The problems of the prior art have been overcome by the present invention, which provides a device and method for removal of liquid from the downstream side of a membrane or a well, such as a well of a multiwell plate. More specifically, the present invention is directed to a wicking structure, which channels droplets of liquid away from a membrane or well, preferably a plurality of wells. In the preferred embodiment, the wicking structure is placed in a vacuum manifold in close proximity to the underside of the membrane or it can be an integral part of the manifold.
Since the presence of the wicking structure below the downstream side of the membrane effectively removes droplets of filtrate, contaminants in these droplets are channeled away from the membrane and are less likely to re-contaminate the sample through diffusion or osmotic forces, for example. Contamination of associated equipment, such as the robotic deck that the samples are processed on, is also less likely or eliminated. In addition, a wicking structure makes successive washes of samples on the upstream side of the membrane more efficient since contaminants are directed away from the underside of the membrane. The wicking structure is preferably used where quantitative collection of filtrate is not desired.
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A liquid droplet 17 is shown extending from the membrane 11. Removal of this liquid droplet 17 from the downstream side of the membrane 11 is desired to prevent contamination of other samples in the array as well as to prevent contamination of the robotic deck that these samples are processed on.
The wicking structure 20 is a conduit for the liquid to be drawn off the membrane and directed away from the membrane. In a preferred embodiment, the wicking structure 20 is an adsorbent material or matrix such as absorbent elastomeric, cellulosic or plastic material, including paper and nonwoven materials. One particularly suitable material is SCOTCH BRITE®material. The wicking structure 20 can also be a non-absorptive material such as a metal rib positioned below the membrane. The structure 20 can be permanently positioned in the device of can be removable for cleaning and reuse, for elution, or it can be disposable. The wicking structure 20 also could be layers of the same or different absorbent material.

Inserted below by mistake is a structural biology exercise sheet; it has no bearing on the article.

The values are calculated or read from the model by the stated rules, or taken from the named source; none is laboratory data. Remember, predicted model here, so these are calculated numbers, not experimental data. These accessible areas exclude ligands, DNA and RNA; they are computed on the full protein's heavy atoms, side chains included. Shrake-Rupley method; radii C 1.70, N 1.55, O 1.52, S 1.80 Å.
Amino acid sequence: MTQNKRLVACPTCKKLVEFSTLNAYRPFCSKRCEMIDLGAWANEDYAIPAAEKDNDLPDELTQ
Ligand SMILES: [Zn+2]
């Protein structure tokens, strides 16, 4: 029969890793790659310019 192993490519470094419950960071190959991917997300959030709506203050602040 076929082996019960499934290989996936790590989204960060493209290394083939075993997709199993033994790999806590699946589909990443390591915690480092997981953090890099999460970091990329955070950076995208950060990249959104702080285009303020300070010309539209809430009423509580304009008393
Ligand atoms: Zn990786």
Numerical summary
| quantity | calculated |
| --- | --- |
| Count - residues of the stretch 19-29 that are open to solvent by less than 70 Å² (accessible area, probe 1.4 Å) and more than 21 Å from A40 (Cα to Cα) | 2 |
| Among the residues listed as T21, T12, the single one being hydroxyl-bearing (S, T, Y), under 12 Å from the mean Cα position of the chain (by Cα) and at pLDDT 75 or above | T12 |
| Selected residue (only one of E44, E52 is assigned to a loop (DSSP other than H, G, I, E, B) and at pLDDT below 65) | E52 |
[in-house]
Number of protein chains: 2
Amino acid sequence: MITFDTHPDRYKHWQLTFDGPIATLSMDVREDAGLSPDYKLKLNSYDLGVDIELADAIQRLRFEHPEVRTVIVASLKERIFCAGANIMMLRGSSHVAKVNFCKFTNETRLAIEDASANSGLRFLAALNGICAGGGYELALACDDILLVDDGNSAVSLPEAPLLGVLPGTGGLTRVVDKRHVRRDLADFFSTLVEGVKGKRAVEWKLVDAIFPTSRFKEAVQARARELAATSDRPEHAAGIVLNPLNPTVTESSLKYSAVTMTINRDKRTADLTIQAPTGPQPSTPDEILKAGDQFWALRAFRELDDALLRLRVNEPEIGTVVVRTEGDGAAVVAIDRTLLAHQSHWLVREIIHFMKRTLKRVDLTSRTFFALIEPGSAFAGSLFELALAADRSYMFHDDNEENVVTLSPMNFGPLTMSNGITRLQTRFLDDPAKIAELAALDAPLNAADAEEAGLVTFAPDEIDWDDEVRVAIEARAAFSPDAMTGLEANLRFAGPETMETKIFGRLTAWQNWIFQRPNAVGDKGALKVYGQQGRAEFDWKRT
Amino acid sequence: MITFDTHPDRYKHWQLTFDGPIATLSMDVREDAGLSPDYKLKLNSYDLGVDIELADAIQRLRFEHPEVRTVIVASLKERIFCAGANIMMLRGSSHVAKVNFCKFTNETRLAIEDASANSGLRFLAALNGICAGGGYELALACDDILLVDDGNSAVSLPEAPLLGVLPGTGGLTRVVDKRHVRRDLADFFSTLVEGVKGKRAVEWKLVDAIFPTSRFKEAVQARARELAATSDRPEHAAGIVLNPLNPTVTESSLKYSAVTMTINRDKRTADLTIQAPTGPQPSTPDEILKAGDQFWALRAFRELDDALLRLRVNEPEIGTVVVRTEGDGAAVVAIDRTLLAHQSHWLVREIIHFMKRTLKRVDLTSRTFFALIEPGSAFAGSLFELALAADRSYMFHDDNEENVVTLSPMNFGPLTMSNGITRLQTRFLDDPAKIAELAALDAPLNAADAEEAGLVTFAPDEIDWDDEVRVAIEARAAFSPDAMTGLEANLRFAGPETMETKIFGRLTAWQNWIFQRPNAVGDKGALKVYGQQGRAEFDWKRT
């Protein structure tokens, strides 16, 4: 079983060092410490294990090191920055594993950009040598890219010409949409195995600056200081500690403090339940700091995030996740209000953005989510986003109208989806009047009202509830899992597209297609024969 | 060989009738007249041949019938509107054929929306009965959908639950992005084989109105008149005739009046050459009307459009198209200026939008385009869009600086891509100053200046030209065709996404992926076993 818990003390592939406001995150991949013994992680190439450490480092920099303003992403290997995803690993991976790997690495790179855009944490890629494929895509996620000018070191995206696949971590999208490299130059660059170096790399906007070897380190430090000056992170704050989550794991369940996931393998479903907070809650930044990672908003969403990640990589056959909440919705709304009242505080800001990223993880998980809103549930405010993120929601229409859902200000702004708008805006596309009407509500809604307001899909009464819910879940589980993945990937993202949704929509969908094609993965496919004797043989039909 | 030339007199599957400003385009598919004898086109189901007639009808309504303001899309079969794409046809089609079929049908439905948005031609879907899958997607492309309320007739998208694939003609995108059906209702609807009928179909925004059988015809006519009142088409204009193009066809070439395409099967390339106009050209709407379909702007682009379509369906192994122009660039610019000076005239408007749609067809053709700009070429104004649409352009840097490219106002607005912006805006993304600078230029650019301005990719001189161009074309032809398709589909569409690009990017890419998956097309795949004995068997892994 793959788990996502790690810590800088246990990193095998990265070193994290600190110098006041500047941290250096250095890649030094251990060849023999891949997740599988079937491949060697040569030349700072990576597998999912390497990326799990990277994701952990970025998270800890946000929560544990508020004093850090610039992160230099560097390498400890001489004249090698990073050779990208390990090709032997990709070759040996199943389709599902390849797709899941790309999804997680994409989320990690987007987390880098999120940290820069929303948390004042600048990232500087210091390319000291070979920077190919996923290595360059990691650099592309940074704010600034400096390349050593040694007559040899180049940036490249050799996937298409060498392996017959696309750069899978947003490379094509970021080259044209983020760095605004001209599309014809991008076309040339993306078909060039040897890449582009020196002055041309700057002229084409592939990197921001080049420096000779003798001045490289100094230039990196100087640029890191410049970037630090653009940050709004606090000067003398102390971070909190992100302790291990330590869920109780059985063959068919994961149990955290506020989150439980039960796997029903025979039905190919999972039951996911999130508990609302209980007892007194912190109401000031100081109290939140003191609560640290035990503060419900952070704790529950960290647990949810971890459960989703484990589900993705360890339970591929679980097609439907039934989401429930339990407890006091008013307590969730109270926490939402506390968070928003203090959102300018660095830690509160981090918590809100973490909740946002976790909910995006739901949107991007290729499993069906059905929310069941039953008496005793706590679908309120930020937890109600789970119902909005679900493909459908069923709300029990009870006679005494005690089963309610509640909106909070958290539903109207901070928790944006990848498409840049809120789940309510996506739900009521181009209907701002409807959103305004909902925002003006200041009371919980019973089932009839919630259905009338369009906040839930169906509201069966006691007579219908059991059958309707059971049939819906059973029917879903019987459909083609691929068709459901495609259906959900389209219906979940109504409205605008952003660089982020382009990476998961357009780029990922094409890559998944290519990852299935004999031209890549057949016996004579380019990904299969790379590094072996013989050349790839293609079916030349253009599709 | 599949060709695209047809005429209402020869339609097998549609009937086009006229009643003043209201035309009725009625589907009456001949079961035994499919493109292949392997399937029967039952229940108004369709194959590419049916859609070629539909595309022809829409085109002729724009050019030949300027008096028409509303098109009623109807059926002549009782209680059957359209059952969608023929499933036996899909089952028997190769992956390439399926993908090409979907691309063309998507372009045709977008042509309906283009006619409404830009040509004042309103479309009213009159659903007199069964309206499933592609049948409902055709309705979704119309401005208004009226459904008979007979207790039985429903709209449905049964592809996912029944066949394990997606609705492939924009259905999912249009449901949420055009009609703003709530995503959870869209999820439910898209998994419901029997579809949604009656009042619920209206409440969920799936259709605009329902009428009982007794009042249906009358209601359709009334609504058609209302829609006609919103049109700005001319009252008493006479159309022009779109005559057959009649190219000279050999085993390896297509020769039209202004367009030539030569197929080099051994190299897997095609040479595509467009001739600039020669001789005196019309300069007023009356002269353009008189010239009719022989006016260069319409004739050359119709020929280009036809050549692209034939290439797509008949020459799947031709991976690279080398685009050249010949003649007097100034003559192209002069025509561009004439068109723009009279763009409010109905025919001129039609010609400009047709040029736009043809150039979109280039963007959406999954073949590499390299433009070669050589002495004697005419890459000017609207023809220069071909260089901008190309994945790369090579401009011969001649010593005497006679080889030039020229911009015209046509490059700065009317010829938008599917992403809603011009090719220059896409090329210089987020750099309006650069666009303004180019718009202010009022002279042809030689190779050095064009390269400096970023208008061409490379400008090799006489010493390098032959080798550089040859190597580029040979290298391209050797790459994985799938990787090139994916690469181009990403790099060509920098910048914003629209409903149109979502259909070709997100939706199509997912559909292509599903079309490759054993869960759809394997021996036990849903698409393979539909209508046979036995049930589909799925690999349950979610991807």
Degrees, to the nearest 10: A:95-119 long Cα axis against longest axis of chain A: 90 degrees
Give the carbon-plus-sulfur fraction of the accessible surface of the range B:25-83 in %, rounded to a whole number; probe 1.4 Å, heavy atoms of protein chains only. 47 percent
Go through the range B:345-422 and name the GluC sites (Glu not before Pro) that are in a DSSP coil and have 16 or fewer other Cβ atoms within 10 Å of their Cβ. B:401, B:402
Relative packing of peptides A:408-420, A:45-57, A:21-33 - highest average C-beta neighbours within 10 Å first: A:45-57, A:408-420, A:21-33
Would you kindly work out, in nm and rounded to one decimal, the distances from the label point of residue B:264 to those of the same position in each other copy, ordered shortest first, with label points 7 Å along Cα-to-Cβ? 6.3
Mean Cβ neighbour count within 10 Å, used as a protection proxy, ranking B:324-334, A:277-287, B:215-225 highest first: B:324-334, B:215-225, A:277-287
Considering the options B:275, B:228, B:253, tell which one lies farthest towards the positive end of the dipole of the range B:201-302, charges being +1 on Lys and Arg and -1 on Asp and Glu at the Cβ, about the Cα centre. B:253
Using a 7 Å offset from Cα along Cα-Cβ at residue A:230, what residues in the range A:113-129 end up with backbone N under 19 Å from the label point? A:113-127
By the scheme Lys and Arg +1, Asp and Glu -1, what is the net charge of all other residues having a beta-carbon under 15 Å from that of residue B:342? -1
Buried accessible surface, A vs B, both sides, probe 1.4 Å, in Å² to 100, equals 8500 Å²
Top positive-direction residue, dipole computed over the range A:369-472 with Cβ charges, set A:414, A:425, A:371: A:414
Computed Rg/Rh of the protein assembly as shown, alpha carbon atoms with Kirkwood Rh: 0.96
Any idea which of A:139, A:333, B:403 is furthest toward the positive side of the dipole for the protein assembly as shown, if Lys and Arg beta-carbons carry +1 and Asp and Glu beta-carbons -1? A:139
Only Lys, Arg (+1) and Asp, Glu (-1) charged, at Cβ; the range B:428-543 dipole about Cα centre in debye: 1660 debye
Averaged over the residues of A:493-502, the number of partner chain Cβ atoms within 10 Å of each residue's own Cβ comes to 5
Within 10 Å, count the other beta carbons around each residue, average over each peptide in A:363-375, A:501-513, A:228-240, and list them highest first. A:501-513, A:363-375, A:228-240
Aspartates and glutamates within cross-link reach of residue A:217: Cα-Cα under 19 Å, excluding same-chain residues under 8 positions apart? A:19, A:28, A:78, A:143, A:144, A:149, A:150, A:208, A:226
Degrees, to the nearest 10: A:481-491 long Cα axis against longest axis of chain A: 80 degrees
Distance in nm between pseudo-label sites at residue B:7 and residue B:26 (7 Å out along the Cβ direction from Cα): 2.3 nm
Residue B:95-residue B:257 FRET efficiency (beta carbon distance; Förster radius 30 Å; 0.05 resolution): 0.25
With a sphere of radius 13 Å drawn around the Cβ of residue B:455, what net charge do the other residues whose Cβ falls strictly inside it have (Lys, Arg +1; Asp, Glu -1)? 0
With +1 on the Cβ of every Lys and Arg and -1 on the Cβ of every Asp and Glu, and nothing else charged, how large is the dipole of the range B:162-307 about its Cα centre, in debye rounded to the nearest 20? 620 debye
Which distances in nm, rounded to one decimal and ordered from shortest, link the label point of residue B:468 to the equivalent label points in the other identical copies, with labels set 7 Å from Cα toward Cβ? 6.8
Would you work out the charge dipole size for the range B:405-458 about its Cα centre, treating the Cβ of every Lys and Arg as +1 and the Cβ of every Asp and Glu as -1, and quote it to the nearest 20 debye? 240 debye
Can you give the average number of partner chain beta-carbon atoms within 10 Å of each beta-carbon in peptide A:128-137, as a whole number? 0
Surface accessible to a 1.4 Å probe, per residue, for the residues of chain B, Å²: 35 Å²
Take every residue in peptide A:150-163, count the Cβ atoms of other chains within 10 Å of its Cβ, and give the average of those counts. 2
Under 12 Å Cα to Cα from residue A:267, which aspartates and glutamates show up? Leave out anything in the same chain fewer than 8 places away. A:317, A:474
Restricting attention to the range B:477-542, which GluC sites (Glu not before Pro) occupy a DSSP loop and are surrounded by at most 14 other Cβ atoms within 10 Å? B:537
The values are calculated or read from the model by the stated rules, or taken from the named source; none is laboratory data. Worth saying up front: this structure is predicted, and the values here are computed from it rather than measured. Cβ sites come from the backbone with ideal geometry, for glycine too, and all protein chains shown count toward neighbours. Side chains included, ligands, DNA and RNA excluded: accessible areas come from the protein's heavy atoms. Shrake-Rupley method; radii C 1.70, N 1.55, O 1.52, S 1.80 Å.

Where the wicking structure or matrix 20 is not in contact with the membrane surface, the gap between the wicking structure 20 and the membrane 11′, must be sufficiently small to allow contact between the droplets of filtrate passing through the membrane 11′ and the structure 20. Those skilled in the art will be able to readily determine the suitable positioning of the wicking structure 20, depending in part on the volume of sample being used and the surface tension of that sample. For example, in applications such as PCR where the total array volume is very small (10–100 μm), the wicking structure 20 and the underside of the membrane 11′ must be in close proximity so that even the smallest volumes release from the membrane 11′. A suitable gap for this application is 0.5 mm, which ensures no migration of contaminants because the liquid is preferentially pulled into the structure 20 leaving an air gap. In some applications, the wicking structure 20 can contact the membrane 11′, resulting in a gap of zero.
The configuration of the wicking structure 20 is not particularly limited.
In order to facilitate transfer of the droplet of filtrate from the surface of the membrane 11′ to the wicking structure 20, 20′, the membrane 11′ can be rendered hydrophobic such as by treatment with a hydrophobic material such as a spray or the like. This helps isolate the droplets from one another, thereby producing a more consistent point of contact with the support, and yielding a release of the droplets to the more hydrophilic surface of the wicking structure 20, 20′ leaving less residue on the membrane.
Regardless of the particular wicking structure used, the wicking structure functions to remove droplets formed from a plurality of sample wells into a single or common collection chamber. Segregation of the droplets forming from each well, and thus quantitative collection of the filtrate, is not required; droplets from all of the wells can be combined and collected together. The particular configuration of the common collection chamber is not particularly limited.